Tikkun leil Shavuot

 “Torah can truly be experienced only when studied with all of one’s soul.
For Torah to truly be studied, it must be studied at night.
Therefore, someone who wants to merit the crown of Divine Wisdom should be conscience every night
of their life to immerse themselves in the study of Torah and higher consciousness.”

- Rambam, Maimonides
The Path to Study Torah, 3:12,13


He came to the disciples and found them sleeping,
and He said to Kefa, "So, could you not watch with me one hour?
Watch and pray so that you do not enter into temptation. 
The spirit indeed is willing, but the flesh is weak."

- Yeshua Ha Mashiach, Creator of Rambam (and everything else)
Matthew 26:40,41


The Approach

We have traveled so very far in darkness, but now we discern Your dwelling place before us. We humbly approach Your glorious mountain, as You lovingly approach our ravished hearts. We have come from the cold and barren lands to the green of Har Sinai and the warmth of Your living fire. Our legs thrashed, our feet broken, but hope in You fills our minds, our hearts, our eyes. As You extend Your Arm to give, we extend ours to receive. Through valley and over precipice, the journey has rendered us breathless - fill us with your Ruach. Your breath. Your Spirit, L-RD. Renew us in Your Light.


Bible Quiz

I'm so proud of my 8 year old daughter, Shalom. She's really taken to the scriptures in recent months - and it's been her idea! We've read to her since birth, but lately I've been finding her somewhere reading scripture alone or she'll ask me a random question about something she's recently read. So awesome! It's a very important (and happy) time for me as her dad and I really couldn't be more proud of my little cupcake... er, future scholar.

Today I thought to quiz her. It was the first one so nothing too tricky - just a little messianic prophecy from Dani'el with a dash of the presence of HaShem. Y'know, kids stuff. Thing is, my 8 year old daughter figured out something in about 15 minutes that most Jewish scholars haven't in a lifetime. Did I go too easy? Better ramp it up - Bat Mitzvah is only 5 years away.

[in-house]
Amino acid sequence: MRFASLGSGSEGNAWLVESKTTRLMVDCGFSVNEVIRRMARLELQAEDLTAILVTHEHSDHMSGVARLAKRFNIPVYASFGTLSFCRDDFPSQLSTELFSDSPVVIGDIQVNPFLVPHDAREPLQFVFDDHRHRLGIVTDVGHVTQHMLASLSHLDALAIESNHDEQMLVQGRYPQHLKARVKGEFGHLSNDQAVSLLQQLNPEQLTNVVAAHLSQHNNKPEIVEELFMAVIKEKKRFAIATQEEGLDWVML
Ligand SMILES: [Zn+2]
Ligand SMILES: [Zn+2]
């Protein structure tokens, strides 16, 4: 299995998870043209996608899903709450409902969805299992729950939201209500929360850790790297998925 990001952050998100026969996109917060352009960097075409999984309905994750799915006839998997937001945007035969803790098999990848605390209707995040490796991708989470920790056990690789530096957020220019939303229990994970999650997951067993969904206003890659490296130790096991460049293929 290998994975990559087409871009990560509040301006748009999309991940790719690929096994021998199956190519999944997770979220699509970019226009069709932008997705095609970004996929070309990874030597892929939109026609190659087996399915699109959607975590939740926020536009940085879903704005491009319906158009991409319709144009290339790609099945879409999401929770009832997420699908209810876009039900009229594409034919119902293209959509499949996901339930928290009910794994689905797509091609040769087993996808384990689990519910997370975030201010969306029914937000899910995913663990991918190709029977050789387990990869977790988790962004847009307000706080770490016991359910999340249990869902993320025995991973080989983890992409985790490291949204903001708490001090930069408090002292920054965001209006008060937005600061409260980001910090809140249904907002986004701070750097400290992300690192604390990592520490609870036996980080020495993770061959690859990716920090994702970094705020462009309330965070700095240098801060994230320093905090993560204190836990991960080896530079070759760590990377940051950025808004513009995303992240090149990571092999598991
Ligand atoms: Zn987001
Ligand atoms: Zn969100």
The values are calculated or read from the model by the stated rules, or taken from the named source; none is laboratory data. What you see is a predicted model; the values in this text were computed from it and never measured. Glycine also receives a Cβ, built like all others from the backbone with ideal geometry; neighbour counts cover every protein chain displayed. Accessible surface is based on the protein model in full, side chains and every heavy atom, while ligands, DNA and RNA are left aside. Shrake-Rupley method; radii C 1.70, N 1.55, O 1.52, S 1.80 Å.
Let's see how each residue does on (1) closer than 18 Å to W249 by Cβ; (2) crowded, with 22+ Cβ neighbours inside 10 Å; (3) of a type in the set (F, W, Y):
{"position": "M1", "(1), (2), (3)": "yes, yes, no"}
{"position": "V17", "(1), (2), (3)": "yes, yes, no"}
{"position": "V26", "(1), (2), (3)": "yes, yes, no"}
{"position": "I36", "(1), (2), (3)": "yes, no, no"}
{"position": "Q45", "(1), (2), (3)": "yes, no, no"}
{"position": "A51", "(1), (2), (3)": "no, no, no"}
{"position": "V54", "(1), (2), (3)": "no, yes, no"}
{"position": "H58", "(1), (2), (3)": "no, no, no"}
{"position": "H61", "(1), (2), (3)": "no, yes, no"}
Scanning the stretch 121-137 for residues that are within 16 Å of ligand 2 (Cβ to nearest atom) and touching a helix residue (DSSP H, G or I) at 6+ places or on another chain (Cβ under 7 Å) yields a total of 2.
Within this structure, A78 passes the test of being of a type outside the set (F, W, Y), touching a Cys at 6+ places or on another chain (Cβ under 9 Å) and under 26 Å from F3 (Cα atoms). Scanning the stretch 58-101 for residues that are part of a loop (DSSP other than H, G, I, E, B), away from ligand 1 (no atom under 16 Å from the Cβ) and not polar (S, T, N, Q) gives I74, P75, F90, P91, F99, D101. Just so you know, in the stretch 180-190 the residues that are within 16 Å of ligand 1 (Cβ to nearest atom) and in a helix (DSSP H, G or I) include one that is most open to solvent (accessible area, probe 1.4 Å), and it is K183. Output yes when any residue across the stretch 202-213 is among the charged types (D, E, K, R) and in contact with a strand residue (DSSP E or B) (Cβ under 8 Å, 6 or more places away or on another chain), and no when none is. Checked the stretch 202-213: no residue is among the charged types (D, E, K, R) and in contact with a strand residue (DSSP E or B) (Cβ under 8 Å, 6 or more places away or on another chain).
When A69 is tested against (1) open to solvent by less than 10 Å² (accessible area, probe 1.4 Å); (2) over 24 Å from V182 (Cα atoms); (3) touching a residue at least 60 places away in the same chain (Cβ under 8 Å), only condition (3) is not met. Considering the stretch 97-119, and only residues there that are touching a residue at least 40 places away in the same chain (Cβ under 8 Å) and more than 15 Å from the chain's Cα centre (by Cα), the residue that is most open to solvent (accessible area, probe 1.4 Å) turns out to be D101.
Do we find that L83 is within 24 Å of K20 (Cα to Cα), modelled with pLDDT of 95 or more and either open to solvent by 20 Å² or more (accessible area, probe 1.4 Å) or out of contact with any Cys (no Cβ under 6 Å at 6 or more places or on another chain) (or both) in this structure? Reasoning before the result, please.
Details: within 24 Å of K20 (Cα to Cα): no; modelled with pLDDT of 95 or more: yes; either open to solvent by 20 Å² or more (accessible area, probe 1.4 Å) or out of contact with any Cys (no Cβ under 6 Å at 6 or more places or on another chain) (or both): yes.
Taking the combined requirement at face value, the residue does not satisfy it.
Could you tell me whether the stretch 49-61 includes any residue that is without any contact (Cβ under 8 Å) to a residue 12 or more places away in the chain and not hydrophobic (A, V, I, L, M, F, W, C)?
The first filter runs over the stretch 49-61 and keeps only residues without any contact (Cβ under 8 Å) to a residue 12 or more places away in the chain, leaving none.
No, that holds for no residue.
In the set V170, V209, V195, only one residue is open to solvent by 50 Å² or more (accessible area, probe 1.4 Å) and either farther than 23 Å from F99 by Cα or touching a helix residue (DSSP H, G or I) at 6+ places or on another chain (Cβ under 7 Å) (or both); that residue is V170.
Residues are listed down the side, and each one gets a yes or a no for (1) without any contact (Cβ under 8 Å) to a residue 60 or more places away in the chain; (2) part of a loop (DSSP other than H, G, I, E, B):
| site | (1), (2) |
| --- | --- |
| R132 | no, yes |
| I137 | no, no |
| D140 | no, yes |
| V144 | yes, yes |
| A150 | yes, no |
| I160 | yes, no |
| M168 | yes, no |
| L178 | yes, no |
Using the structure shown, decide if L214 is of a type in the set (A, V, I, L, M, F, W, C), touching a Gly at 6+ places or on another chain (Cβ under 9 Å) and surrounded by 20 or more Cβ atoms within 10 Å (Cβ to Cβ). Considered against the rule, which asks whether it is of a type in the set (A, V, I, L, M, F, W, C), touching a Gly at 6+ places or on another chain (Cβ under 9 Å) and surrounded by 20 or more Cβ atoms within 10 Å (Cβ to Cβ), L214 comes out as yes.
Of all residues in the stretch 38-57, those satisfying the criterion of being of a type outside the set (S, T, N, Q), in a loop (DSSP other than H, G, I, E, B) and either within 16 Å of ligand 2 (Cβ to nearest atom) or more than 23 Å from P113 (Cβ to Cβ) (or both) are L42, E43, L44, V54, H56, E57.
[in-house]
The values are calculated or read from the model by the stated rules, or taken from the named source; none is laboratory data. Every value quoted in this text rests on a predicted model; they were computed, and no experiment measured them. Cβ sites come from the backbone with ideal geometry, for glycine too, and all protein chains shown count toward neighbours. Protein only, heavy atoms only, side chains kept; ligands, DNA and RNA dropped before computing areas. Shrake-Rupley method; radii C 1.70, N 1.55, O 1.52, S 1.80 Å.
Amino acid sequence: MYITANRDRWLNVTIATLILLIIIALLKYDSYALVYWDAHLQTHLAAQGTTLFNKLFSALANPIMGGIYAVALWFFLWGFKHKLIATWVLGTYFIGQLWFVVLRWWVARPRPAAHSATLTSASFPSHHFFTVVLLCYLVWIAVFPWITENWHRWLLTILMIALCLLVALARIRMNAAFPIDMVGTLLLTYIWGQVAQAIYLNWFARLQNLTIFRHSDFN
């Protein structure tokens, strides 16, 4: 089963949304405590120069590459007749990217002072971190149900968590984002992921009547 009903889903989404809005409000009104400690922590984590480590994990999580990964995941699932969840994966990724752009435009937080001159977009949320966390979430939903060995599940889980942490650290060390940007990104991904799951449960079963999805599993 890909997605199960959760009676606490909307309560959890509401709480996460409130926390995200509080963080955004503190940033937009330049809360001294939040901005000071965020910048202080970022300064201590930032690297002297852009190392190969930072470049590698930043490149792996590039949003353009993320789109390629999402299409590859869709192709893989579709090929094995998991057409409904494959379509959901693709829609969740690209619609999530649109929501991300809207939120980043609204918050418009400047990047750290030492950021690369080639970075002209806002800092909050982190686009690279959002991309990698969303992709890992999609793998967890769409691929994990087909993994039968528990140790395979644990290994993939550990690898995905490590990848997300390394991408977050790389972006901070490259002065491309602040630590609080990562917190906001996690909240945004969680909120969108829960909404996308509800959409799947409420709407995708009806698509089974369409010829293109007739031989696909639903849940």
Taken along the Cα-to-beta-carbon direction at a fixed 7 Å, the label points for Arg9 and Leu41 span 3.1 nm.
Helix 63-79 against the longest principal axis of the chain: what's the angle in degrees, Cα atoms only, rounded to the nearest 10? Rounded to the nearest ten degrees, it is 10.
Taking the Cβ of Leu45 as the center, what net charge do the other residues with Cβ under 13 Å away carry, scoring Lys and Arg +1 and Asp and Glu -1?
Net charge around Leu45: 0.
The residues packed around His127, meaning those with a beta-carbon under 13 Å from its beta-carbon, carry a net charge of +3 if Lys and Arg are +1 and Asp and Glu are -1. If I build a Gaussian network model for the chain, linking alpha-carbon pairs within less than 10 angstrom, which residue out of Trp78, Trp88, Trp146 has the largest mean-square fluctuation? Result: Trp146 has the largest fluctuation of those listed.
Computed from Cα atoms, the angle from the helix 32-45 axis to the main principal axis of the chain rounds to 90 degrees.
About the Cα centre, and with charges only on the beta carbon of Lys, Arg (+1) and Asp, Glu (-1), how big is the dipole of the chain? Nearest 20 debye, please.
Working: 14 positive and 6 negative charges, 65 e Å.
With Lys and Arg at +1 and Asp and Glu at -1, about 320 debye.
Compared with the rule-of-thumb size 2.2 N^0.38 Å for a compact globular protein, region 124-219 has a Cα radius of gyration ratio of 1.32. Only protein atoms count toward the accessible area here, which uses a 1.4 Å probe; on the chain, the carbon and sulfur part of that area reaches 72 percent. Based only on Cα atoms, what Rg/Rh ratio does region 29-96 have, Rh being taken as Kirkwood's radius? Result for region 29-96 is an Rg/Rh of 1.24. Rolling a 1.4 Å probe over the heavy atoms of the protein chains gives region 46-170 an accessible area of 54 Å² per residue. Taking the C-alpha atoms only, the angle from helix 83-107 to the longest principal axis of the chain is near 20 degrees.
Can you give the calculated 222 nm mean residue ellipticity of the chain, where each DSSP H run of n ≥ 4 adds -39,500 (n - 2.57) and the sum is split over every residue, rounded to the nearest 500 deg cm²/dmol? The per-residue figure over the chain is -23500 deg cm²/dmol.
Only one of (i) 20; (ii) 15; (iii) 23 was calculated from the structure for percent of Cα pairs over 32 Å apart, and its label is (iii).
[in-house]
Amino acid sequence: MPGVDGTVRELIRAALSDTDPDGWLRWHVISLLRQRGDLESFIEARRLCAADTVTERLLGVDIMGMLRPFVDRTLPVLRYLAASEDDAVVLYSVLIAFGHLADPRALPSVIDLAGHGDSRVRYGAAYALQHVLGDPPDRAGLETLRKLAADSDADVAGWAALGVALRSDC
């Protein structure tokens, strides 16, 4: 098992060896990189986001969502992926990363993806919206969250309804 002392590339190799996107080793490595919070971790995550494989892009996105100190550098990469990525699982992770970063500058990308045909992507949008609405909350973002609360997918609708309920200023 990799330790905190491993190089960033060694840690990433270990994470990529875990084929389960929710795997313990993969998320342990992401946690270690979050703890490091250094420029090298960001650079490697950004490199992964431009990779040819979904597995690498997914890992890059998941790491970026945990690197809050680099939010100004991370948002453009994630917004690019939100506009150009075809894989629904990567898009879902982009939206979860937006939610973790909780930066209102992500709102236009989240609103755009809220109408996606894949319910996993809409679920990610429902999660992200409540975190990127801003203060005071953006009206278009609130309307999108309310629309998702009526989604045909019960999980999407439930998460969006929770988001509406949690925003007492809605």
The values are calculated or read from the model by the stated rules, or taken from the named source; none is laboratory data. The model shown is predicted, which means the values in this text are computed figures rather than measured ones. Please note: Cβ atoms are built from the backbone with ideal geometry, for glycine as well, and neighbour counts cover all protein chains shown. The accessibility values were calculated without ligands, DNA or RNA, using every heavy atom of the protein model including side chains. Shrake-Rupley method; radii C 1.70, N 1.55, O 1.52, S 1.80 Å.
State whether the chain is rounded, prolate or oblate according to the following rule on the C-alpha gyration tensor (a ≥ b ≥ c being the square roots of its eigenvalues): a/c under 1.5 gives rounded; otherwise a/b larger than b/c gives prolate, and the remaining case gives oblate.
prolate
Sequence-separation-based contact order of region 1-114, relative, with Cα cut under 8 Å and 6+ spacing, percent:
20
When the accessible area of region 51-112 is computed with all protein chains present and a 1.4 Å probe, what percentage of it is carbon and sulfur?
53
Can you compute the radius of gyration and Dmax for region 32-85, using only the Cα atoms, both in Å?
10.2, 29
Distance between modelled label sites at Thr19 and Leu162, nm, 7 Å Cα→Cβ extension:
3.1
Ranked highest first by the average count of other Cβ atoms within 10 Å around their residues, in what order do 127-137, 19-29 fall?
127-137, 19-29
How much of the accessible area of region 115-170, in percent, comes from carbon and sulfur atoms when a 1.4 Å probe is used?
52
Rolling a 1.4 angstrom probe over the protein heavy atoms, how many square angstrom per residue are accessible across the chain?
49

The Rosh Pina Project

I want to pass along an amazing online resource I'm very excited about. I've looked for something like this for years and it wasn't until, the always informative, Judah, of Kineti L'Tziyon, posted about it that I realized my search was over. The Rosh Pina Project, "an alternative look at Messianic Jews", describes itself as "an online meeting place for Messianic Jews and all those who believe that Messianic Jews deserve fair treatment in Israel and the Diaspora, and protection as a religious minority in Israel." As noble a mission statement as that is, RPP is so much more. Joseph and Gev will keep you up to date on all the issues that matter most. They feature thought-provoking articles (on everything from apologetics to current events), video interviews, book reviews, plenty of wit and very lively discussions - even the occasional KOEOY post may appear. But I want to reiterate - the discussions can, and often do, get very lively. Nearly everyone that visits RPP has their stuff together and a slightly different view on the topic being discussed, but that's what makes it so great. That, and the fact that it is frequented by many detractors of the Messianic Movement. Because of this, you will learn a lot very quickly and find yourself engaging in real life, high-stakes conversations with Haredim, Chabadniks and other like-minded folk. It's challenging, edifying and just a wealth of knowledge thanks to the many educated people that comprise the community. I've already found quite a few people that I thoroughly enjoy reading.